Following the Gulf War, Asher attended the Qualification course, earned his Green Beret as a Special Forces Weapons Sergeant, learned the Czech language, and was assigned to 10th Special Forces Group. His team’s area of responsibility was the Czech and Slovak Republics. “Highlights of my time with 10th Group include being assigned to the US Embassy in Prague working as an assistant to the Defense Attaché to the Czech Republic, counter-drug operations, and training Canadian soldiers in light infantry weapons and tactics—among other assignments.”  
It was a parachuting accident, in August of 1994, that changed the trajectory of Asher’s career as a Green Beret. He remembers: 

“We were in La Motte, France to commemorate the 50th anniversary of the liberation of France in WWII. We had French, British and U.S. Special Forces jumping into the ceremony. We were jumping from French Pumas, planning to exit at 12,000 feet. However, the pilots arrived late, and to make up some time, we exited at 5,000 feet. I noticed the lower jumper and I were heading to the same point in the sky; he was already in his opening sequence, and it didn’t leave me a lot of time to make a decision. I decided to open my chute, hoping it would pull me away. As I got vertical, I hit the top of his chute and tried to walk off, but I went right through it. His lines wrapped around my neck. As he was hanging from my neck, I tried to free the lines; after three or four tries, I lost consciousness.” Fortunately, Asher came to: “When I woke up, my helmet was gone, and all I could remember was that I’d had a problem. I cut away my main, pulled my reserve, checked my chute, and then checked my altimeter – all completely backwards; I was under the canopy at 1,100 feet. Fortunately, I had a good landing—right in front of the French Foreign Minister of Defense. Not knowing that anything had happened, he was all smiles. The other jumper had also been able to cut away, and he’d had a good landing as well. It was a miracle in itself that we both walked away from it.”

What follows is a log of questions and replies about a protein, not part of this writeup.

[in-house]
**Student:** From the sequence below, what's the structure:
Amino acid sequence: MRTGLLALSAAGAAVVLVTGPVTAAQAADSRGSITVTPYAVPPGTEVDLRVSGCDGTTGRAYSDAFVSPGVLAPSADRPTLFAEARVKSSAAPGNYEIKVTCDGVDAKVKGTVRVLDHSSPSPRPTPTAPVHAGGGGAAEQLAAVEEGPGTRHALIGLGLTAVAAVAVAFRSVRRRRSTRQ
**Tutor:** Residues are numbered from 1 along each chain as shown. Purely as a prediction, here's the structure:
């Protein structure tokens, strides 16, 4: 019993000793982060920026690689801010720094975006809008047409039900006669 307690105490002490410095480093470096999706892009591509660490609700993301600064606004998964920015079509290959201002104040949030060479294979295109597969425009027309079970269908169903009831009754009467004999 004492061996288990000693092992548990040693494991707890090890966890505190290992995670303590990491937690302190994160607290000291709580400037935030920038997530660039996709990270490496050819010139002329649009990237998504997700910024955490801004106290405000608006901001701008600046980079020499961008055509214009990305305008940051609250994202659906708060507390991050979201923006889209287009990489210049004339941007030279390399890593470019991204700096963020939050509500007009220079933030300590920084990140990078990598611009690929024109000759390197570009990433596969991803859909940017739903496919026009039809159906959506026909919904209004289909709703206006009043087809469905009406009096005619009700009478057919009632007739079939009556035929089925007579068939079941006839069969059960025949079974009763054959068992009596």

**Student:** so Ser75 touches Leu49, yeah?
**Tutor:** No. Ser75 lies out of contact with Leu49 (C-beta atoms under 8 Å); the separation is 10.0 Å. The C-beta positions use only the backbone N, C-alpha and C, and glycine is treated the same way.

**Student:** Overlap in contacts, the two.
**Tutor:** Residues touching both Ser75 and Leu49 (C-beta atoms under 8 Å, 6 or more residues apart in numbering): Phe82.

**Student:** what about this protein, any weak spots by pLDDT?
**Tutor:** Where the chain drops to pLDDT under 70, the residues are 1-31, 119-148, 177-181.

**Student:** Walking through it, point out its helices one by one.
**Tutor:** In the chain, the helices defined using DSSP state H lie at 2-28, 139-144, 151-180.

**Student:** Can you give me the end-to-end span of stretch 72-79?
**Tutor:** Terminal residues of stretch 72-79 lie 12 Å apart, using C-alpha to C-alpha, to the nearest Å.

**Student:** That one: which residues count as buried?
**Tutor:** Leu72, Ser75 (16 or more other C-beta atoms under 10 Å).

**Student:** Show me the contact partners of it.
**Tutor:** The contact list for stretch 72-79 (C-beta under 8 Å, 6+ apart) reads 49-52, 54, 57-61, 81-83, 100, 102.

After the accident, Asher’s request to attend the Special Forces Medical Course had been approved, and he and his family moved to Ft. Sam Houston, which would be the last class taught in San Antonio before it was moved to Ft. Bragg. Still, there were lingering effects from the parachuting incident that persisted. What Asher thought was just rope burn and whiplash, he soon learned was much more. Doctors determined that his spinal cord was damaged, flattened through the C5, C6, and C7 vertebrae. “They told me that if I wanted to keep walking, I would have to stop jumping,” he says. “And so I was medically discharged in October of 1995.” 
Asher likens transitioning, at that point in his life, to “graduating from high school with a wife and two kids.” At 32, he moved the family out to Abilene, Kansas, and took a job at a grocery store for a $5 hourly wage. “That’s what I made right after high school, and after working there for a week or two I figured that I could make more working for myself,” says Asher, “so I started a woodworking business.” That led to work at a cabinet shop and then work in a carpentry and remodeling business.